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President of the Republic to the Transitions Online on November 21, 2002

Small Nation, Big Plans

Estonia's president tells TOL that NATO's acceptance of Estonia could mean "45,000 square kilometers more stability and 1.4 million more people willing to defend it."

TOL: Why should NATO accept Estonia?

Estonian President Arnold Ruutel: Joining NATO is a process that started with Estonia and the other candidate countries wanting to join and then fulfilling the necessary requirements.

When we think about the events in the world within the last decade, we can say one of the key words has been "voluntary association" into different blocks and unions. In Europe, we talk about the EU and NATO; further examples could be NAFTA [the North American Free Trade Agreement] and ASEAN [Association of Southeast Asian Nations]. In this light, we can think of NATO enlargement as a totally organic process in which one shouldn't look for signs of trying to create bipolarity or new isolation lines. NATO is an open organization that every European country can try to join.

We share the same democratic values as NATO countries and are ready to protect those values. This unites us, and I believe this is the reason that we will be accepted.

With us [in NATO], the reach of Euro-Atlantic security will increase. The formation of new gray zones in Europe wouldn't be right, and I think therefore that NATO should accept Estonia as well as the other Baltic countries.

NATO enlargement is one part of the European development process. One can presume that in the future, EU and NATO membership will overlap more and more, and an area of unitary values will develop. Armed conflicts between the countries belonging to that area are not likely, and possible tensions can be solved within the structure.

TOL: What role do you believe Estonia will have within NATO?

Ruutel: As noted, joining means accepting certain rules of the game. These establish specific rights and duties of the member countries. Therefore Estonia's role in NATO will be equivalent to that of other NATO countries.

The role of NATO in assuring safety and stability has grown year by year. Estonia wishes to do its part in this work. For us, it means a transition from consuming security to producing security. We have prepared for this, and for some time already Estonia has been contributing to peace operations. For example, our de-mining unit is in Afghanistan.

The tragic events of 11 September in the United States inevitably changed the situation in the world, and this has had its impact on NATO activities as well. The global fight against terrorism has become one of the priorities for cooperation, which includes Estonia as well. In a world of ever-increasing globalization, the geographic position and size of countries is no longer important. What counts is the wish to contribute to the common goal.

Here is an example of this cooperation: NATO has been for decades an organization with one wing -- the United States and Canada--on the continent of North America. Yet the Atlantic Ocean has never been a barrier blocking mutual understanding. In addition, since the creation of NATO, one of the smallest countries in Europe, Iceland, has been part of it. These are good examples of friendly cooperation of small and large countries.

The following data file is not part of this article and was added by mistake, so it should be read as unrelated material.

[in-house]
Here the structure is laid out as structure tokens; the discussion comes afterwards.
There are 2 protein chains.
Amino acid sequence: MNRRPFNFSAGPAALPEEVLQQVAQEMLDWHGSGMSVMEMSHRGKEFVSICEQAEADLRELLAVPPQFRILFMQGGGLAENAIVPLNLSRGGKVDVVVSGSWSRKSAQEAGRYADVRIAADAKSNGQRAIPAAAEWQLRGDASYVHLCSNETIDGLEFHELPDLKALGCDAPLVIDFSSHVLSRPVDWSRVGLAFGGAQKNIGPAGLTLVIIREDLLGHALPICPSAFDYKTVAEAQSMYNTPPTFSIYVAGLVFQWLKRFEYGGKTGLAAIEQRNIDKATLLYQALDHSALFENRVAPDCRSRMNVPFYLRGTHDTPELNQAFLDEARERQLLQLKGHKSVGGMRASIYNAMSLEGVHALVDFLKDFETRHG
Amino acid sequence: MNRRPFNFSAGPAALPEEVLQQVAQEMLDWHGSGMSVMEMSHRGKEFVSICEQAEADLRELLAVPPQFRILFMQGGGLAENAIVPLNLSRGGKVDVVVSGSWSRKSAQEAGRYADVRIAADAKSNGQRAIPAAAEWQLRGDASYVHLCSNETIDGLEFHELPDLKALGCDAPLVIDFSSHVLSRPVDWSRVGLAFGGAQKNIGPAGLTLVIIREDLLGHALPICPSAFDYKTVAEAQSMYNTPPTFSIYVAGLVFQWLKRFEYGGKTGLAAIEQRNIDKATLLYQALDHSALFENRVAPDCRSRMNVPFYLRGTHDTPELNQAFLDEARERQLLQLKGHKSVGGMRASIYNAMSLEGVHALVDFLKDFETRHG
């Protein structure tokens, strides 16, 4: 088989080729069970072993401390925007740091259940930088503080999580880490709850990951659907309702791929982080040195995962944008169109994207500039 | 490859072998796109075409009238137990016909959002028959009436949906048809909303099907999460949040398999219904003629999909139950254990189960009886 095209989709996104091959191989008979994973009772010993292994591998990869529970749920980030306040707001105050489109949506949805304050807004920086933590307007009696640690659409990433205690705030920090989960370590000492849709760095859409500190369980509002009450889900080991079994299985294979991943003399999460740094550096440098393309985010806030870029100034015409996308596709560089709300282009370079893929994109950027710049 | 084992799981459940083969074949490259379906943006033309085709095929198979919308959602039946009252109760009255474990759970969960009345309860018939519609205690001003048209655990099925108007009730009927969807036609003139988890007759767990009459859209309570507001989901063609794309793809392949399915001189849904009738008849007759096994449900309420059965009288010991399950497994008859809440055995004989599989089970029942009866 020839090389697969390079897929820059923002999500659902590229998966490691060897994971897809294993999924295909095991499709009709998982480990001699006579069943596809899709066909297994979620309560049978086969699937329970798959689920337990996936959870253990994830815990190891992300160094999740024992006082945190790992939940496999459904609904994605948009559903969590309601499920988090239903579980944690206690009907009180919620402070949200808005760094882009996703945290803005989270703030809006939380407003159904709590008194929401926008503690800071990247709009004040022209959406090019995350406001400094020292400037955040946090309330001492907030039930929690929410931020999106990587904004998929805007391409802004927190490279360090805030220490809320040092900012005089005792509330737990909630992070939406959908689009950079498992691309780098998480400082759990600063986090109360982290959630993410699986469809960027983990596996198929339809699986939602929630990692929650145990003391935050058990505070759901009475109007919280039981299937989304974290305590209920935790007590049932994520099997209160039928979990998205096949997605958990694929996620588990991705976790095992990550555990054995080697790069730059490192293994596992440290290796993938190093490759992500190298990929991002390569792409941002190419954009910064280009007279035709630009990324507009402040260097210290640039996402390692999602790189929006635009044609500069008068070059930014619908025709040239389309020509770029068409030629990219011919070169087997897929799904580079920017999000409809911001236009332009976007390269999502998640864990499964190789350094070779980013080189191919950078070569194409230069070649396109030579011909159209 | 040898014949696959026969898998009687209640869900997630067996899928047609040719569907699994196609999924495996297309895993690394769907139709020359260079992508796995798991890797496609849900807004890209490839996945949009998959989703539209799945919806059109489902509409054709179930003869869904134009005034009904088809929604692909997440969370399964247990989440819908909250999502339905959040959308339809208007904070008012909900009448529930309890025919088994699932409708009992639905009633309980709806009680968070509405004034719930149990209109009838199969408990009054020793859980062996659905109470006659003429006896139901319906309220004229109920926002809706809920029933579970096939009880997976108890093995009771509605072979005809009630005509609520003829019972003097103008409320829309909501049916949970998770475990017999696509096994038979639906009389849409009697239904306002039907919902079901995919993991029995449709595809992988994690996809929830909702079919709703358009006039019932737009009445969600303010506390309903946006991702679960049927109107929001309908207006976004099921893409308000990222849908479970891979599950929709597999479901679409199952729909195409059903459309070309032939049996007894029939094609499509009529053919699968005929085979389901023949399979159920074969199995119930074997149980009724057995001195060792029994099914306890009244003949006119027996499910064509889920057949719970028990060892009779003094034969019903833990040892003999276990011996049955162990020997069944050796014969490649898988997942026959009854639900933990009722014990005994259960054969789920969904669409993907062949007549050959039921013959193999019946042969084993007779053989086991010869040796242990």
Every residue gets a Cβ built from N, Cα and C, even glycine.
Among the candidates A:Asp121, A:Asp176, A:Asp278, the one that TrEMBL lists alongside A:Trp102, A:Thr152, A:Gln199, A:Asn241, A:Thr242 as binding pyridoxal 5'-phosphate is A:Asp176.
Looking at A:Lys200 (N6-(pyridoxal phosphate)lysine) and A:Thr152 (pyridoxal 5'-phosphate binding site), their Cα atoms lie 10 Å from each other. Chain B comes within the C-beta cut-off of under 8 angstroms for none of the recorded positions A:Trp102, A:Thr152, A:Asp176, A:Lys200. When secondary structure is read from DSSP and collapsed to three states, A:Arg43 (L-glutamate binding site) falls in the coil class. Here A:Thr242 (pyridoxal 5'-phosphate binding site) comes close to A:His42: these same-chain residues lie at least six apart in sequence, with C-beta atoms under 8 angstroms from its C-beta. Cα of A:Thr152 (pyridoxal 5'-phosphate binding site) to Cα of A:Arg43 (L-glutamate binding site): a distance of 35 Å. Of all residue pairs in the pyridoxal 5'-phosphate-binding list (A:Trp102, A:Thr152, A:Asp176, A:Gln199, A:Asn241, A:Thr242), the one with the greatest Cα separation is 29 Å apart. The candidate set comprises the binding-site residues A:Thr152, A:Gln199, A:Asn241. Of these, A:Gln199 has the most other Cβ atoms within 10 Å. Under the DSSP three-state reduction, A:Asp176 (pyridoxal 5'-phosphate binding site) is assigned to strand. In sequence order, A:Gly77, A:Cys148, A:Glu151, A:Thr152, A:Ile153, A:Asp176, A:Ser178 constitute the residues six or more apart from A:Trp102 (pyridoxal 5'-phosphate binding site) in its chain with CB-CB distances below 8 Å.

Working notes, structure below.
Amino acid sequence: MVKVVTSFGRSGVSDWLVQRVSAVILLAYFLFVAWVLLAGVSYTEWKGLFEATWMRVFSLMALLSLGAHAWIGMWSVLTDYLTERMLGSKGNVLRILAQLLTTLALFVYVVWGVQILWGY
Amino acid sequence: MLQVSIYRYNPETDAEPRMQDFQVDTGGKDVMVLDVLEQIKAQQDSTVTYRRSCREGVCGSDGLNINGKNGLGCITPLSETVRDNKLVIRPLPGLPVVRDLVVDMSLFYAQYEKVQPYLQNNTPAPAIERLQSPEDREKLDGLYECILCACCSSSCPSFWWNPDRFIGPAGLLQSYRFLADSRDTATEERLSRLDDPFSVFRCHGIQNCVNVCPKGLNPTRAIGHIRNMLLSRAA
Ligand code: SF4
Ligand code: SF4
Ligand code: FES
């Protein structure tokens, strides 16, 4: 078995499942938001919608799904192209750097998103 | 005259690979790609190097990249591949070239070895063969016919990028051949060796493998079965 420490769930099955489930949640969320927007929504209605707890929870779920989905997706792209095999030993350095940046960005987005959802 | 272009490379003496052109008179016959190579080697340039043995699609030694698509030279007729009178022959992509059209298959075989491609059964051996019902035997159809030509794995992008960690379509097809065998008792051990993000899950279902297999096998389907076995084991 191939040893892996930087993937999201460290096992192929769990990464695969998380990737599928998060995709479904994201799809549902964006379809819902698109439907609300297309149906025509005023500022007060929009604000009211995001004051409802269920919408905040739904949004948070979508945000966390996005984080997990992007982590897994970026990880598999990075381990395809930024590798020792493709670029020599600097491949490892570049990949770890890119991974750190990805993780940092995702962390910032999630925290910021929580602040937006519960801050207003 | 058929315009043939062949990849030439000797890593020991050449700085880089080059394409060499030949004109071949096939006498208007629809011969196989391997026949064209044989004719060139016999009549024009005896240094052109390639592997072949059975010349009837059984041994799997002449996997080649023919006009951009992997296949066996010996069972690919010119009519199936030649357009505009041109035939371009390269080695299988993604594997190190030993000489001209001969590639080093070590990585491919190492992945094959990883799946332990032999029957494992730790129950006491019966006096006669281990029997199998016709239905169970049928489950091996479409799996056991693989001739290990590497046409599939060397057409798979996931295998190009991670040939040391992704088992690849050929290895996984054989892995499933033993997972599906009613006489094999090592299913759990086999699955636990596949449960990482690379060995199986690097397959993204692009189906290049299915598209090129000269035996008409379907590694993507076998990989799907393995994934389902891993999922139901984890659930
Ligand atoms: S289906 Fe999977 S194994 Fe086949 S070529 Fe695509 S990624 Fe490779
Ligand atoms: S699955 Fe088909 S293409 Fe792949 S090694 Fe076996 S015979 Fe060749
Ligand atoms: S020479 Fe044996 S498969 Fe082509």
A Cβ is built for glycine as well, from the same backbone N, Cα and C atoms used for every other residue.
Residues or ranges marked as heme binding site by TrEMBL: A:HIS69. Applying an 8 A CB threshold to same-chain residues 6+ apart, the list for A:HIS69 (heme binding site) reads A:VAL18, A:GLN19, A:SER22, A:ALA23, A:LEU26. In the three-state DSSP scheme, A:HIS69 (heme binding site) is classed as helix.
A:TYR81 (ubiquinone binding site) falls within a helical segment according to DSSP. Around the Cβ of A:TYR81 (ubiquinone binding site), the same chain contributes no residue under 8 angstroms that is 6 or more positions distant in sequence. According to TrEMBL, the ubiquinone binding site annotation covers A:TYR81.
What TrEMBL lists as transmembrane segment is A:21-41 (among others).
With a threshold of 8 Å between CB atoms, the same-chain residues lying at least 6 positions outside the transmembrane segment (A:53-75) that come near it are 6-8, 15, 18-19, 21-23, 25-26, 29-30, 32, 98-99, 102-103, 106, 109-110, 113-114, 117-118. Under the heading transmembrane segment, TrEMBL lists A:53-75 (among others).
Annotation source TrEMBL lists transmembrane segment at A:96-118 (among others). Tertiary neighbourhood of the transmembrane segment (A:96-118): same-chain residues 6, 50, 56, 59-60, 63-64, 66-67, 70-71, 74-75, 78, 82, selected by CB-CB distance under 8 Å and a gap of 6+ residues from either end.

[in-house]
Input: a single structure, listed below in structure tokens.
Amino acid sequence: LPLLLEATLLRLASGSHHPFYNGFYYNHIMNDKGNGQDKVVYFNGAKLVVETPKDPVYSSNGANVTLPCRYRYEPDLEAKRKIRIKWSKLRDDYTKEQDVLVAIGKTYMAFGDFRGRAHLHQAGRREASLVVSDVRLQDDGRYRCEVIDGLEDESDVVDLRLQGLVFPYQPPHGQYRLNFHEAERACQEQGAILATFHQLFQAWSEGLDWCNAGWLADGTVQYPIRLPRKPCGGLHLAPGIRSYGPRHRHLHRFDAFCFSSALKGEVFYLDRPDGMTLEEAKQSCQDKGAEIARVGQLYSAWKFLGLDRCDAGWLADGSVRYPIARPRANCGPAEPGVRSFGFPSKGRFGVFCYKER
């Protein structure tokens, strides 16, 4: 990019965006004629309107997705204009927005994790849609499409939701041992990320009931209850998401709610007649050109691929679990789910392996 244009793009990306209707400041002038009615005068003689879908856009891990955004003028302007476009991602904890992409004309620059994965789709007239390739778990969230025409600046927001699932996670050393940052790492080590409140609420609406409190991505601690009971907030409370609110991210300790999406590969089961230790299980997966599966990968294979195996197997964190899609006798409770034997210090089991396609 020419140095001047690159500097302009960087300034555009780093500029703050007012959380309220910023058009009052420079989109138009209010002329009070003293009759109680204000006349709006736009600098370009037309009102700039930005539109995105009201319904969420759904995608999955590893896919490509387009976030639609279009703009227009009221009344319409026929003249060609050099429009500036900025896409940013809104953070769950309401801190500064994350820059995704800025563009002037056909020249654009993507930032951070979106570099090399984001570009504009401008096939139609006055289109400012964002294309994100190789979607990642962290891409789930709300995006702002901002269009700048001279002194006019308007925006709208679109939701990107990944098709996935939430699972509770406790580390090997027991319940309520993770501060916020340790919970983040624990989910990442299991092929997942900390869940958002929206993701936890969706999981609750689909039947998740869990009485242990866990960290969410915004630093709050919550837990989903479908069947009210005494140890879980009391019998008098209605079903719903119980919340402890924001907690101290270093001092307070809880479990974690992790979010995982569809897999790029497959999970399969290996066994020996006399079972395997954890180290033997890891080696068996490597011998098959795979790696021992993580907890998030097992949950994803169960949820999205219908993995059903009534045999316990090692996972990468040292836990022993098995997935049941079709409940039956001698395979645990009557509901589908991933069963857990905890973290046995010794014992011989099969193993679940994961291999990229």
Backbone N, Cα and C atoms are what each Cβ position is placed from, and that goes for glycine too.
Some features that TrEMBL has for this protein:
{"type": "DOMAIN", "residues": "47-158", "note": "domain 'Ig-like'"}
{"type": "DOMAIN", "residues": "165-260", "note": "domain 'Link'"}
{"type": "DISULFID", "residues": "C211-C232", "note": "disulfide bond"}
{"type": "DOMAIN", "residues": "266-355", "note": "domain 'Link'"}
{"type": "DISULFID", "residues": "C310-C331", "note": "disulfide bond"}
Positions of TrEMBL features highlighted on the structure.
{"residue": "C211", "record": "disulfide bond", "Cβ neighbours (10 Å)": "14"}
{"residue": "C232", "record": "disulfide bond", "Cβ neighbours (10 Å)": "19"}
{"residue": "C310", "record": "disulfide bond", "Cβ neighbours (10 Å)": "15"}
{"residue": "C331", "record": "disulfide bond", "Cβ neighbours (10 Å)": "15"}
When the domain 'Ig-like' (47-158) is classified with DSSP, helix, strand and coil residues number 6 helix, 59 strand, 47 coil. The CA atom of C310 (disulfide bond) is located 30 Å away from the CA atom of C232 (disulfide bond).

A country with 1.4 million inhabitants doesn't add much to the statistical potential of the alliance. But from the other point of view, every square kilometer of peace and stability in Europe is important, no matter where it is situated. According to polls, our people strongly support NATO, are continuously ready to spend 2 percent of GDP on defense, and are ready to participate in defending the country personally if necessary. So adding Estonia to NATO would mean 45,000 square kilometers more stability and 1.4 million people willing to defend it.

Even today, Estonia is among the first in Europe in terms of the proportion of [soldiers] in peace operations to population.

TOL: What do you see as the future role of NATO in the world?

Ruutel: The role of NATO is basically already formed, and I don't believe in the need for radical changes. Enlargement is a process that doesn't change the essence of the organization, but broadens its perspectives and makes NATO stronger.

Of course, the international situation will have its surprises. NATO must be flexible and able to adopt changes quickly. We have already experienced that unexpected dangers and challenges leave just a few short moments to make political decisions. A lot depends on quick reaction.

NATO has never been as global as it is now. Its grasp will definitely broaden even more in the future. At the same time, evaluating lurking dangers is becoming more complicated. Therefore the alliance must be flexible and able to react very quickly. Forestalling crises, using political means, and constantly communicating are, of course, important.

It's in the interest of Estonia that transatlantic bonds develop according to the new challenges and based on common values. I believe that forming a democratic world based on cooperation and protection of common values will remain the main purpose of NATO in the future as well. Granting peace and stability in the world is in the interest of all of us, and NATO has a key role in realizing those aims.

by Kristjan Kaljund

Small Nation, Big Plans

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